I think John has it right. Hopefully prelude time is better as they are theoretically preparing for worship. In any case there doesn't seem to be much point in trying to fight it.

    mike
    If it is Caesar that you worship, then Caesar you shall serve.

  4. #4
    Senior Member davidecasteel's Avatar
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    Once in a while, our Senior Pastor actually begins the service and gives his announcements before the Prelude is played. That way, the congregation is seated already and quiet. During the Prelude, the candles on the Communion Table are lit, signifying the formal start of worship. Maybe once a month this happens. The Postlude, though, does not have any means of keeping the crowd quiet.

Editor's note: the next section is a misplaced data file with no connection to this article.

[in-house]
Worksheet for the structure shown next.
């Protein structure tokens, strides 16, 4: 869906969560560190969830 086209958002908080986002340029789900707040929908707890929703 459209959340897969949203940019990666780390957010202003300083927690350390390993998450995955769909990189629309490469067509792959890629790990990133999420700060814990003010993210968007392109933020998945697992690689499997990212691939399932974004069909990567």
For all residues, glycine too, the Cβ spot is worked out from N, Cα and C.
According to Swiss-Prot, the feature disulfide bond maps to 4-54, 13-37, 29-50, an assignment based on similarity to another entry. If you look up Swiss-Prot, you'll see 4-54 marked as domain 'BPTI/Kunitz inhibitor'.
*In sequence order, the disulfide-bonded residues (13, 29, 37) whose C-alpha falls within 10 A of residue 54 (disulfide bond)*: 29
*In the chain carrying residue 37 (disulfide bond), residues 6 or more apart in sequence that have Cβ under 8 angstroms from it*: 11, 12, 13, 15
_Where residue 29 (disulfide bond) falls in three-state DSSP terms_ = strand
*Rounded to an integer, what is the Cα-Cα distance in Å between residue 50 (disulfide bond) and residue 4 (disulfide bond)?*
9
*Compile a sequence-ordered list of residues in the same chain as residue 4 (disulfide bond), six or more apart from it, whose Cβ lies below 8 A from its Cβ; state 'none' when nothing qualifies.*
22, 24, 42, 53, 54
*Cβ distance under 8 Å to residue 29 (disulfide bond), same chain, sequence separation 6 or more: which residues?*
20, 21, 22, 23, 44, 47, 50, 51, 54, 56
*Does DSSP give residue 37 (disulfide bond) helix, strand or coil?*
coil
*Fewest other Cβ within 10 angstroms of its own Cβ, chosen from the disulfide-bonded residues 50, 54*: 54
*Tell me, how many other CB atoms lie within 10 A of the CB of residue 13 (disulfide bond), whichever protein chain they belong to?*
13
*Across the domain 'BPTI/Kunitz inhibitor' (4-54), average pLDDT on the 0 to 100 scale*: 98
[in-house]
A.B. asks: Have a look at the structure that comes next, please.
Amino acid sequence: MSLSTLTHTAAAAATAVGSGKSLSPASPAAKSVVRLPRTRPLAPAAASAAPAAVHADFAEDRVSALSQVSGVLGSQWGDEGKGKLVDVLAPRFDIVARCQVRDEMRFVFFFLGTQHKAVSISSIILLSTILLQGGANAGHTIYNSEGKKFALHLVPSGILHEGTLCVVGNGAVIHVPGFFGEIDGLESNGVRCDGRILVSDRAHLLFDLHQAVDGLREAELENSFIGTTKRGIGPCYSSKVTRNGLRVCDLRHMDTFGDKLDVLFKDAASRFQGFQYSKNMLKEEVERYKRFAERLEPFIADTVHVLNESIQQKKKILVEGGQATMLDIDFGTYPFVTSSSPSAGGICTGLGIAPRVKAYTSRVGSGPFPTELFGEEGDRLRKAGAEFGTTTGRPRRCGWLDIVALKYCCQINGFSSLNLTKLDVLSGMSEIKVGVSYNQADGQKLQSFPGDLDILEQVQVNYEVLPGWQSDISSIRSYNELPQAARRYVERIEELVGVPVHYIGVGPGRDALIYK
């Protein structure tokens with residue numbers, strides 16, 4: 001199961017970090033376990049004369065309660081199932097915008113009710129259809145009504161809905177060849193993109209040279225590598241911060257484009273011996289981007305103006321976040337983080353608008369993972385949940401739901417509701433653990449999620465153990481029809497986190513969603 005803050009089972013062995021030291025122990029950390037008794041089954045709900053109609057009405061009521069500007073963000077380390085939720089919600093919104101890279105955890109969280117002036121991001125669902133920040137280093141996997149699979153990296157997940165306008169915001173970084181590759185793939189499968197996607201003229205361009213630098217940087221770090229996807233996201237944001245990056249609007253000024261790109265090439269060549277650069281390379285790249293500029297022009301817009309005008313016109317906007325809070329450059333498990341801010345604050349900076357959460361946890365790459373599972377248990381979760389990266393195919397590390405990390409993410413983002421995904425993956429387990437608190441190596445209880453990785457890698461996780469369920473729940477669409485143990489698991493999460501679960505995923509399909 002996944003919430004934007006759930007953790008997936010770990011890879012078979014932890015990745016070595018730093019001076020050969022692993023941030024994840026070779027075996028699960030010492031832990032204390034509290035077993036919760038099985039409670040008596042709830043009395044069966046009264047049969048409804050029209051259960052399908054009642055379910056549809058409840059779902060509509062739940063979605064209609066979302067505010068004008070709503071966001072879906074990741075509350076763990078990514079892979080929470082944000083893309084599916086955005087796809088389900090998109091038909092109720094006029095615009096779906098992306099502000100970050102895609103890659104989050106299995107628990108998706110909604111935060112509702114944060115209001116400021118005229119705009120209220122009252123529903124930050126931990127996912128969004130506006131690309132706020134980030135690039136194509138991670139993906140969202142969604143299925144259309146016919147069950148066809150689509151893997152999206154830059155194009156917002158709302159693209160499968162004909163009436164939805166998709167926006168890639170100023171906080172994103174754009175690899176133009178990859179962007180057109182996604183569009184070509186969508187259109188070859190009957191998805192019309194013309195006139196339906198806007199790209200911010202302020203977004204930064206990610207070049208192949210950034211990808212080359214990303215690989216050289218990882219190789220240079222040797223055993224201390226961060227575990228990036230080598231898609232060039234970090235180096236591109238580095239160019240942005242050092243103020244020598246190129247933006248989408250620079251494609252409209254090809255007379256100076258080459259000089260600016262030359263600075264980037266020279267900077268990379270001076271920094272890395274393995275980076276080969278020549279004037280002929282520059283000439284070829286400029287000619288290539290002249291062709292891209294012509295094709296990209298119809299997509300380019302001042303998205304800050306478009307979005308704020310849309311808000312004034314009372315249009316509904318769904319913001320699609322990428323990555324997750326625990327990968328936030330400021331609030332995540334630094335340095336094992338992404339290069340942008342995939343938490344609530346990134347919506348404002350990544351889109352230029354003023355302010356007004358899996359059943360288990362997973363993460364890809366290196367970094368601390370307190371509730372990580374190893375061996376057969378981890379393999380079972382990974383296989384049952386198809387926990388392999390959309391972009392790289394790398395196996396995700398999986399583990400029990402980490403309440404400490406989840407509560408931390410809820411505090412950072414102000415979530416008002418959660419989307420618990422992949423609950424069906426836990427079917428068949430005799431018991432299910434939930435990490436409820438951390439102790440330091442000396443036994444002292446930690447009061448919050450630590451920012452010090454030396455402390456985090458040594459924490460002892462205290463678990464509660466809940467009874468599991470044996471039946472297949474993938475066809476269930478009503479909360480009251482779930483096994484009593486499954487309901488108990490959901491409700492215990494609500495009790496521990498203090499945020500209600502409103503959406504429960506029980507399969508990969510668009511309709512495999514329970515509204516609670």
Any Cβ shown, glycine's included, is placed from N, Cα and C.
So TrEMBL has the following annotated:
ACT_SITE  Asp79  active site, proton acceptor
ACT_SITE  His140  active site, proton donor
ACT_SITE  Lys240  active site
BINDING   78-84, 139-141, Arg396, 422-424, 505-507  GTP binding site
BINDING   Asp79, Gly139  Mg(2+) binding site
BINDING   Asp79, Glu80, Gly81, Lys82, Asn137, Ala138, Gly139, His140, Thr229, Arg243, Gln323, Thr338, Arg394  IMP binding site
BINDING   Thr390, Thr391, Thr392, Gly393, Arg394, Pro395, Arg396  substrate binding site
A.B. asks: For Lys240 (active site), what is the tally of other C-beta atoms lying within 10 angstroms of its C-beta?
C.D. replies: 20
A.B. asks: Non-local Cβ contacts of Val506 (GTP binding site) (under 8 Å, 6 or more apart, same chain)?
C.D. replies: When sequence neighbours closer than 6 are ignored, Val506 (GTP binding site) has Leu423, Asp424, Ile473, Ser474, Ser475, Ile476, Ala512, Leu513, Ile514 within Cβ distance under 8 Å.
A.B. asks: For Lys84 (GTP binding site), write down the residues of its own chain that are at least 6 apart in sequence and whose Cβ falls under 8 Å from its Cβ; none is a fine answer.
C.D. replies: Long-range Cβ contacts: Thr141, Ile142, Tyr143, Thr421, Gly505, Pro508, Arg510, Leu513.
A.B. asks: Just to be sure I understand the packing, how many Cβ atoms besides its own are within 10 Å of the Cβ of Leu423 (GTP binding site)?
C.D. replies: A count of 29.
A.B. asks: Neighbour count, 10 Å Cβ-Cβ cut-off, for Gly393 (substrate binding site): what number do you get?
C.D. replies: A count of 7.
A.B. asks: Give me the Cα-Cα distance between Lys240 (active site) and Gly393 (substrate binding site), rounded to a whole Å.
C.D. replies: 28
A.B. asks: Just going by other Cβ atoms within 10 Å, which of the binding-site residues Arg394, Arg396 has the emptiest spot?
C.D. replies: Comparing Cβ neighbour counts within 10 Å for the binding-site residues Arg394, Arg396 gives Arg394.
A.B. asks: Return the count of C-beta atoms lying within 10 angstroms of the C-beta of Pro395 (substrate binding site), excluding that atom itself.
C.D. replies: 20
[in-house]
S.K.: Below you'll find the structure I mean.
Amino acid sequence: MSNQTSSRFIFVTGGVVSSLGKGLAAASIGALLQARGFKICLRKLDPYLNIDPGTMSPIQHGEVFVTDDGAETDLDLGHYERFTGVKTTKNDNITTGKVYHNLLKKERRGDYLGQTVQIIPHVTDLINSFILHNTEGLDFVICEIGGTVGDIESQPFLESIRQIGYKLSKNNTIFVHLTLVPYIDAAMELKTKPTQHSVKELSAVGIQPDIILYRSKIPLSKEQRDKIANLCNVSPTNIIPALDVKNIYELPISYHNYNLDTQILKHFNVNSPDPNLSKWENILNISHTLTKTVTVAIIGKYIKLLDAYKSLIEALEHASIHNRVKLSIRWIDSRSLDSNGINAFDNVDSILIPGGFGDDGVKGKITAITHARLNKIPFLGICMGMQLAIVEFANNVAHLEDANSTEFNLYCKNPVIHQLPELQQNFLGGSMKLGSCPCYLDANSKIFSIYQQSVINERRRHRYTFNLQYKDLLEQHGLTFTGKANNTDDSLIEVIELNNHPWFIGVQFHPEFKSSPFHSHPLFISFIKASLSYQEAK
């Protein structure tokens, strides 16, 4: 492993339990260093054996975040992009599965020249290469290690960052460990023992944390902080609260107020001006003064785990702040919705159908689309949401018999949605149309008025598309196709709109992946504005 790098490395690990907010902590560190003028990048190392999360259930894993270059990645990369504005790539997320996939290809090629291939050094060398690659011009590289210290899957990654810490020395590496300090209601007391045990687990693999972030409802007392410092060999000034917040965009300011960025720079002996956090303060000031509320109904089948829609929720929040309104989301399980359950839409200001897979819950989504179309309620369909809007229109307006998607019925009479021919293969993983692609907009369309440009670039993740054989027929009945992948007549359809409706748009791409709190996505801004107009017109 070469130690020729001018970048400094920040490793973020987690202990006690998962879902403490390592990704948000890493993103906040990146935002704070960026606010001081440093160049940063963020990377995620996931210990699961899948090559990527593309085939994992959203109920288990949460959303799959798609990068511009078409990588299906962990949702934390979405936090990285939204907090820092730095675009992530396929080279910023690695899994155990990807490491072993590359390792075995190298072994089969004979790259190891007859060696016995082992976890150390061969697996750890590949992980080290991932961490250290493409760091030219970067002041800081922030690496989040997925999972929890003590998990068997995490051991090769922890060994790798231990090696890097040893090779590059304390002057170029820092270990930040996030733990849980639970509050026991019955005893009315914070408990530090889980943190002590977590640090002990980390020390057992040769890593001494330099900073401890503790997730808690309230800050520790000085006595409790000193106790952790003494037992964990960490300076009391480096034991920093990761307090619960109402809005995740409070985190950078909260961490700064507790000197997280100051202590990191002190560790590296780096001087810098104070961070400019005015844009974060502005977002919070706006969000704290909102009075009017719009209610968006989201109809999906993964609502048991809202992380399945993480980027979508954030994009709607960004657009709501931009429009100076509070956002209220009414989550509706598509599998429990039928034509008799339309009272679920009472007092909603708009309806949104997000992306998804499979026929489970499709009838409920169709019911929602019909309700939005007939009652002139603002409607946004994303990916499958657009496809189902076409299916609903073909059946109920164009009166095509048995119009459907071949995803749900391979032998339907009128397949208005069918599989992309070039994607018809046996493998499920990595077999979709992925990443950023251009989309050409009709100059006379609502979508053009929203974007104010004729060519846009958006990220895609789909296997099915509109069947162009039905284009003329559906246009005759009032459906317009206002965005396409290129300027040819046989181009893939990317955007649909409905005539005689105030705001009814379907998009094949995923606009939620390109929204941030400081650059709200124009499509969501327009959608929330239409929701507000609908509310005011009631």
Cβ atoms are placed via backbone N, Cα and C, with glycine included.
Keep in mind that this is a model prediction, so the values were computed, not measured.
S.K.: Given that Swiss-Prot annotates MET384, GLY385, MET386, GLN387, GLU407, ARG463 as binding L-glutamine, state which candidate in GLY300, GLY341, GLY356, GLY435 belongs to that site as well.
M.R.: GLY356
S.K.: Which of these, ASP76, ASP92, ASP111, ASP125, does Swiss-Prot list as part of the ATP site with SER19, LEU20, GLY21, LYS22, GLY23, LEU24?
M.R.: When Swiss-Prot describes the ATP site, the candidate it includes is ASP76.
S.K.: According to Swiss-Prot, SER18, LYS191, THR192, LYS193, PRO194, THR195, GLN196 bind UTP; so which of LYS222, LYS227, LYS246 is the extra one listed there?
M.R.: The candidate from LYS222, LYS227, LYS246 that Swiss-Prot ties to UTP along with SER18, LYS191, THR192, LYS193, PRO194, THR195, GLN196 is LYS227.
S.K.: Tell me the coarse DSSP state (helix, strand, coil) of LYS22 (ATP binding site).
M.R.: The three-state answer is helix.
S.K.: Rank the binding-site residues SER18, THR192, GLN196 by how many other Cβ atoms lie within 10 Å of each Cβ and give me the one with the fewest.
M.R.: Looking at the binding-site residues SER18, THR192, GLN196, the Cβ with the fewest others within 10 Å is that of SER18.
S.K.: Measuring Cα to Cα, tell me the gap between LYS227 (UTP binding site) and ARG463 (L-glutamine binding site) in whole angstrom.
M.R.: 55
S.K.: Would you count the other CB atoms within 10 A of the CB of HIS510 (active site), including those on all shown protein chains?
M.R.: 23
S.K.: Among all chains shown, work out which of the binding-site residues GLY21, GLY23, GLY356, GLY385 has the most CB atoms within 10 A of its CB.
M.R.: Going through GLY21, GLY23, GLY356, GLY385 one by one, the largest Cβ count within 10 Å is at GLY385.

We have 3 morning worship services, with only a meager 15 minutes between each (often less), so it's pretty much pandemonium with folks trying to get out at the same time others are trying to get in. The newcomers have gathered in the Narthex and the hallways, and they do visit with each other before the service in those places. On normal Sundays we have probably 500-800 worshippers in the services, so a lot of people are moving around. We have enough seating to handle everyone with just 2 services except for special occasions (Easter and Christmas, e.g.) but we have 3 full sessions of Sunday School that everyone is locked into (have you ever tried to get anyone to change SS classes?) so we have to have 3 services, too--they run parallel with the classes and folks have chosen their service based on what SS class they attend. It is a very inflexible arrangement, unfortunately, that keeps the church from doing a lot of things (one of which is having one of the 3 services be a strictly "traditional" one--the people who would like to attend such a service are distributed among all 3 SS class sessions, so nothing will happen).